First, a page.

The main goal of this approach is to have a consistent state of changelog file across branches. Changelog files from older releases are never deleted in younger branches. They are still rendered in the install tool “View Upgrade Documentation” and are connected to the “Extension scanner”. In our example above, master contains all changelog files for v9, and v8 and v7 files, branch TYPO3_8-7 contains all files for v8 and v7, and branch TYPO3_7-6 contains all v7 files.

Furthermore, documentation files from older releases should be identical in all branches. If a patch improves some documentation file from a v7 directory, this change should be put into all branches: master, TYPO3_8-7 and TYPO3_7-6 for consistency. The core team will check for differences of files between branches occasionally and will align them in case they diverged.

Filename convention


File content

Like other documentation, changelog files are done in ReST, see TYPO3 wiki ReST syntax for more details.

  • All types contain a “Description” section that should give a short summary on which core part was affected by the change.
  • All types contain an “Impact” section that describes the possible impact of a change. An example is “Frontend output may change”, “Configuration of xy is easier” or “Backend will throw a fatal error”.
  • Types “Deprecation” and “Breaking” contain an “Affected installations” section that describes when and if a TYPO3 instance is affected by a change. Example: “Extension xy is in use” or “TypoScript functionality xy is used” or “System is based on PHP 5.3”.
  • Types “Deprecation” and “Breaking” contain a “Migration” section to describe best practices on how to cope with a specific change.
  • All types contain a list of tags, see below.


To provide the possibility to filter ReST files by topics, it is mandatory to equip every RST file with at least two tags. As a rule of thumb a file should have no more than five tags. Please limit yourself to the list provided below. If you are in dearly need to introduce a new tag, you must also add it to the list (and explain it) in this file as a reference for everyone.

The tag list should be located at the end of a ReST file prefixed with the index keyword, example:: .. index:: Backend, JavaScript, NotScanned.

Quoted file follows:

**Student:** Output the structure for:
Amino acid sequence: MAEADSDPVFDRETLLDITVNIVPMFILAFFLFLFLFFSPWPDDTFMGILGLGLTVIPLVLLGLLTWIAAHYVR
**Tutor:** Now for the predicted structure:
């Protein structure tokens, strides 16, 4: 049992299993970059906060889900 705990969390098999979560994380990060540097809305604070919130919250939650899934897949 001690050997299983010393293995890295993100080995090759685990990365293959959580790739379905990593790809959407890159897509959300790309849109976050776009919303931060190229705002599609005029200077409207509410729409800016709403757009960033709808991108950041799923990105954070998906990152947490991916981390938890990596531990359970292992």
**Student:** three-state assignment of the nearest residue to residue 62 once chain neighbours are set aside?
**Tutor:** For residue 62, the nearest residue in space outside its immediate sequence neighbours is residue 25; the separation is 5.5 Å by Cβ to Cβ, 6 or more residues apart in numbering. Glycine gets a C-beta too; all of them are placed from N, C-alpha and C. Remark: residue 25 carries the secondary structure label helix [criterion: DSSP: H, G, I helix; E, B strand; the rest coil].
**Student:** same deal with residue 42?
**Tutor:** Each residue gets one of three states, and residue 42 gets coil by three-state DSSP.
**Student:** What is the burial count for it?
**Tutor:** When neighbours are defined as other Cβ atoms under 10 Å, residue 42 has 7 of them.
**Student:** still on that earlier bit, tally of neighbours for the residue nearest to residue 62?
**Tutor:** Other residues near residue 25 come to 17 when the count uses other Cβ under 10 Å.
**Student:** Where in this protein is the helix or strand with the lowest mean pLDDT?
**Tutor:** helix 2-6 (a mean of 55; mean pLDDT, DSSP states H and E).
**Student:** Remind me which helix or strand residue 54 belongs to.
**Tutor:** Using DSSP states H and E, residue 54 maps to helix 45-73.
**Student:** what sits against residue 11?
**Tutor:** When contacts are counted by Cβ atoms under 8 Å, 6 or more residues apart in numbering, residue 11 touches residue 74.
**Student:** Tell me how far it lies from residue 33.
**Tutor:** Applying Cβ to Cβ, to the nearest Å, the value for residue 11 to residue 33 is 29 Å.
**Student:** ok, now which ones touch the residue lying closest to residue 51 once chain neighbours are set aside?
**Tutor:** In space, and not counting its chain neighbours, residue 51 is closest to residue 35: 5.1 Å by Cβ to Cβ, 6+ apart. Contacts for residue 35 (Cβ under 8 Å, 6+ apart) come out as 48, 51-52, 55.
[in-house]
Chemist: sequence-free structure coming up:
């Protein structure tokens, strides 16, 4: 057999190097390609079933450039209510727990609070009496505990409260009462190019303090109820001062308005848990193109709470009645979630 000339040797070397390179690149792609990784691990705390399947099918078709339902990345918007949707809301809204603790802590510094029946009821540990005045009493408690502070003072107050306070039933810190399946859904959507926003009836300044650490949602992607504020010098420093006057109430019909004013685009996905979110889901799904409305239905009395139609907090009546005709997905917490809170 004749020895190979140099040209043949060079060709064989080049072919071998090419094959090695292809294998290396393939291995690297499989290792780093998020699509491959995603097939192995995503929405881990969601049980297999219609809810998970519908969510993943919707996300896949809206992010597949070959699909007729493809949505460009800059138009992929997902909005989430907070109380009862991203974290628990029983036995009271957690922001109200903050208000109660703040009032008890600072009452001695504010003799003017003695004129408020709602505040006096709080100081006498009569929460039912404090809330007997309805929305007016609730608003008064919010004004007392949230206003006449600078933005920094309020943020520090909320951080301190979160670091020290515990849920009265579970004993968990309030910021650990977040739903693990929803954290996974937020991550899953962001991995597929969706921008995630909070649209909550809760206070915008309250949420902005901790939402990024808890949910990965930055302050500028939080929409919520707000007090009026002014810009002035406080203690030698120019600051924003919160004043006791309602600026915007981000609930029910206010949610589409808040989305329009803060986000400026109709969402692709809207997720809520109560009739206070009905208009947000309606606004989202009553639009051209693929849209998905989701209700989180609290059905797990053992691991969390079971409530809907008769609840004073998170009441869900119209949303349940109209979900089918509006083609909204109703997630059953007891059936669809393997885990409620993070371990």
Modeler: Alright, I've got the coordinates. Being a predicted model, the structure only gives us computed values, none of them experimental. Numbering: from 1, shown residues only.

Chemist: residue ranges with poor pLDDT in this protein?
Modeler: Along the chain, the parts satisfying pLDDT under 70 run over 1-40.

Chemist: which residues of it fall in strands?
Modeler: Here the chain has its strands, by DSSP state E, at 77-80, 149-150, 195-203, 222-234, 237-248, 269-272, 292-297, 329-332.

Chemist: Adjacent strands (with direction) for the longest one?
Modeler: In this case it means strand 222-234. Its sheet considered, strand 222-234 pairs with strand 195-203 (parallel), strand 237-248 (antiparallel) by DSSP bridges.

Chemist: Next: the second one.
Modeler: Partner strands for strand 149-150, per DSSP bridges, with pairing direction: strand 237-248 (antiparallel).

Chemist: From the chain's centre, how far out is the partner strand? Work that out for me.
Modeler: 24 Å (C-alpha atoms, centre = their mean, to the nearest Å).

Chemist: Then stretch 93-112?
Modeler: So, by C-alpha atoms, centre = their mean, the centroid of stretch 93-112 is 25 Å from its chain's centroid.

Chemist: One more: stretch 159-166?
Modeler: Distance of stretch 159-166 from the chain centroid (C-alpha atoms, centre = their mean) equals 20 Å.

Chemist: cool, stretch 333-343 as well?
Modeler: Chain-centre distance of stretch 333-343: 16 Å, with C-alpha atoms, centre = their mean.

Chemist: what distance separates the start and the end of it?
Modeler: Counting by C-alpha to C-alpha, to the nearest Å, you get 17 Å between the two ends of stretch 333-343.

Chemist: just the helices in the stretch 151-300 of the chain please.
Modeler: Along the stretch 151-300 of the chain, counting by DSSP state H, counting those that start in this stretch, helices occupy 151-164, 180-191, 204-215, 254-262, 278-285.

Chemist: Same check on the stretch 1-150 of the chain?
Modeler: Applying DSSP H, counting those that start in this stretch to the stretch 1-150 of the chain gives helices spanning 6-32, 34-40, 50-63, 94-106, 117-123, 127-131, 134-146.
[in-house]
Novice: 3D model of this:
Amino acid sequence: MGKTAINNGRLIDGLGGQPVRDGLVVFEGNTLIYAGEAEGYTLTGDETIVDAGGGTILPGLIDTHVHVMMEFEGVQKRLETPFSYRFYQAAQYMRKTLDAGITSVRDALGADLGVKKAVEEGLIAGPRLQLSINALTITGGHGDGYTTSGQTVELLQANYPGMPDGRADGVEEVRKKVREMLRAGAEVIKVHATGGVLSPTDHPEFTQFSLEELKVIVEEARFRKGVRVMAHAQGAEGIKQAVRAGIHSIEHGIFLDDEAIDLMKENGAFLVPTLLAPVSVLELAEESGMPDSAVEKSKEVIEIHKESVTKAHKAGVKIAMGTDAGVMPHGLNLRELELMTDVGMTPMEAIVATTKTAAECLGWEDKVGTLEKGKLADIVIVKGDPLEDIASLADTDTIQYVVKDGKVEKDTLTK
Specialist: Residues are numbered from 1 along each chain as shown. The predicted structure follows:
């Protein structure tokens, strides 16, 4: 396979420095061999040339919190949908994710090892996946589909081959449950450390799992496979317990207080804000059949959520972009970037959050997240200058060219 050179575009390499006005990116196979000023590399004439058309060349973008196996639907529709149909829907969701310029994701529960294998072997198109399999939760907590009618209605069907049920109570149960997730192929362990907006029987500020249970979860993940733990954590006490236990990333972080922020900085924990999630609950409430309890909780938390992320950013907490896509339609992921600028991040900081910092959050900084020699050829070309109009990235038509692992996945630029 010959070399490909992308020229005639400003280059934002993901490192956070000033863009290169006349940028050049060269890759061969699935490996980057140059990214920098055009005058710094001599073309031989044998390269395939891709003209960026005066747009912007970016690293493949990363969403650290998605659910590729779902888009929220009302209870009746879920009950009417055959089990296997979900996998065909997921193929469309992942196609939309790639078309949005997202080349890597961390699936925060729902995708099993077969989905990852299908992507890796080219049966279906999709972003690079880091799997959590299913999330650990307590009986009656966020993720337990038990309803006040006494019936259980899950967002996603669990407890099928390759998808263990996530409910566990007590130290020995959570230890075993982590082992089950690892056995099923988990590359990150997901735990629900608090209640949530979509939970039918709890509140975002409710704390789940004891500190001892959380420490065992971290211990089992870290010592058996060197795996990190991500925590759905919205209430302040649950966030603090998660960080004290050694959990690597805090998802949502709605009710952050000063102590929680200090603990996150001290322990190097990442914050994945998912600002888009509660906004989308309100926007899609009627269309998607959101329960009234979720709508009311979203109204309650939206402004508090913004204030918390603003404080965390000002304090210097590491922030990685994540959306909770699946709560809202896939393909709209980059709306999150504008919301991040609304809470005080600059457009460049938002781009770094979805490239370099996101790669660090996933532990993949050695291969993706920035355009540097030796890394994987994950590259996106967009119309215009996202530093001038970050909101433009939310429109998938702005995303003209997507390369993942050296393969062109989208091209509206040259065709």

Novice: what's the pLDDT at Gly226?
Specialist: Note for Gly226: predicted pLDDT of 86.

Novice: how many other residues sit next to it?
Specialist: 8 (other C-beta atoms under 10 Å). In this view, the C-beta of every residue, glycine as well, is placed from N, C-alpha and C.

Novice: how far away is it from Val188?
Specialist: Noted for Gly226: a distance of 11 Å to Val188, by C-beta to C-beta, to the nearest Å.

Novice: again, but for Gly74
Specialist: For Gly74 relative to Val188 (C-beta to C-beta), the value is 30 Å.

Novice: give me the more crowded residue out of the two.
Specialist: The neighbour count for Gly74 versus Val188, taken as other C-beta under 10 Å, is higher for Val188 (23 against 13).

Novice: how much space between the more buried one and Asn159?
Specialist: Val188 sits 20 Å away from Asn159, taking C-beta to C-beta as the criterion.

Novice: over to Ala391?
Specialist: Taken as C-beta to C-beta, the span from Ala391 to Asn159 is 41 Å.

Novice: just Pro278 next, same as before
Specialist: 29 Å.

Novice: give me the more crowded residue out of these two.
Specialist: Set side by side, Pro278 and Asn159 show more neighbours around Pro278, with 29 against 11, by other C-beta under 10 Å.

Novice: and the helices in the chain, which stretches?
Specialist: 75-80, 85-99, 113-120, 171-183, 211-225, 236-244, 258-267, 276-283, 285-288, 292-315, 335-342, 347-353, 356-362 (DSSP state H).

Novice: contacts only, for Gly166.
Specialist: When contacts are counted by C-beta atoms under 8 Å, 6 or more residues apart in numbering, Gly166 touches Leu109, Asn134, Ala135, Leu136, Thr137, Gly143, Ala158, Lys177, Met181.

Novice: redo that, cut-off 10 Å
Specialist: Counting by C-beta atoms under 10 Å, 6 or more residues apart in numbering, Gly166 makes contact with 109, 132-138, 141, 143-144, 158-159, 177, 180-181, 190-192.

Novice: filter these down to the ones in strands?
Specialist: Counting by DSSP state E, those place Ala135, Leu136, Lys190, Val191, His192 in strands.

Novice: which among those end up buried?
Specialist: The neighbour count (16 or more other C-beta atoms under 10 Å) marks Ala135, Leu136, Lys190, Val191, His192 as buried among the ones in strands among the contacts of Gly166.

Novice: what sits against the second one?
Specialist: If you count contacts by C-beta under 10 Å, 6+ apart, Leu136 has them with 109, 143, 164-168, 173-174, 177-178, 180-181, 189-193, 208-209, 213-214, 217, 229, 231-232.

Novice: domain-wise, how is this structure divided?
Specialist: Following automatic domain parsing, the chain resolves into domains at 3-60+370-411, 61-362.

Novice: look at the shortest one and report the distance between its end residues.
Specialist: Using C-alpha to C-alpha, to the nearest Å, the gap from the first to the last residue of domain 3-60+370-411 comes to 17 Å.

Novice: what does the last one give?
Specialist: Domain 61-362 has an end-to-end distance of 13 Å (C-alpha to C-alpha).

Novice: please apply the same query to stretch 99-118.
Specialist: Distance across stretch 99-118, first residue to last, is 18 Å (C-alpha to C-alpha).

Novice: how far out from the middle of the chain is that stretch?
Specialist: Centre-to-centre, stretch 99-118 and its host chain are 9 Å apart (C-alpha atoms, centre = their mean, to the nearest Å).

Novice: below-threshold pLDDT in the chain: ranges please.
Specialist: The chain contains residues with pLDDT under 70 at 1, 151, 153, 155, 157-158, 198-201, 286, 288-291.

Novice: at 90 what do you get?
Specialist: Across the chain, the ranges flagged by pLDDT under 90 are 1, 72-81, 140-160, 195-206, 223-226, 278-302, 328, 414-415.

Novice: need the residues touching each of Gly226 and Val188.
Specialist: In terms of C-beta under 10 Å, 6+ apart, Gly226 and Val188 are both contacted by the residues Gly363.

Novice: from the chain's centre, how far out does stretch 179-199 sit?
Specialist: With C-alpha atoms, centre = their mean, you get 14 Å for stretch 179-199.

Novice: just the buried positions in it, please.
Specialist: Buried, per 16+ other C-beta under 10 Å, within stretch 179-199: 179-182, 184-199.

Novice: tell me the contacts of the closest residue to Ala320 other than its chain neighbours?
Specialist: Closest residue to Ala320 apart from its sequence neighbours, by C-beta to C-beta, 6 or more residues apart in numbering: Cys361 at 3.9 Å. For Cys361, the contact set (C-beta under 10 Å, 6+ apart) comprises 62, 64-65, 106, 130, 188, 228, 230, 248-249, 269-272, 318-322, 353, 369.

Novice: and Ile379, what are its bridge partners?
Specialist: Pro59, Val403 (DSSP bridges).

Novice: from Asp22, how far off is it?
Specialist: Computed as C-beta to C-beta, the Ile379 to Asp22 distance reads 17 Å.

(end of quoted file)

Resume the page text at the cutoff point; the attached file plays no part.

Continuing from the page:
List of all possible tags:

  • TypoScript - Changes that imply or introduce alterations to some TypoScript settings or modify the behavior of TypoScript itself. Frontend TypoScript only.
  • TSConfig - Changes or modifications on the PageTS or UserTS or the behavior of this field.
  • TCA - Every change related to TCA.
  • FlexForm - Changes affecting FlexForm functionality.
  • LocalConfiguration - Changes that affect the LocalConfiguration.php or the subordinated AdditionalConfiguration.php
  • Fluid - Changes that alter behavior of Fluid like introducing new tags or modifying already established ones.
  • FAL - Changes to File Abstraction Layer.
  • Database - Changes that modify behavior of the database abstraction or introduces or removes new fields.
  • JavaScript - Modifying or introducing JavaScript.
  • PHP-API - Implementations of mandatory changes of the PHP-API.
  • Frontend - Changes that will affect the behavior or rendering of the TYPO3 Frontend.
  • Backend - Changes that will affect the behavior or rendering of the TYPO3 Backend.
  • CLI - Changes affecting CLI functionality.
  • RTE - Changes to RTE functionality.
  • ext:xyz - Changes on extension xyz. Please refer to this tag only when changing system extensions.

Furthermore, exactly one of the following tags must be added for all “Deprecation” and “Breaking” ReST files since core v9 and above:

  • NotScanned - If this ReST file is not covered by the extension scanner at all.
  • PartiallyScanned - If some parts of the deprecated / removed functionality can be found by the extension scanner.
  • FullyScanned - If usages of all deprecated / removed functionality this ReST file is about can be found by the extension scanner. This tag is used by the extension scanner to mark a ReST file as “You are not affected by this in your codebase” if it does not find a match in extensions.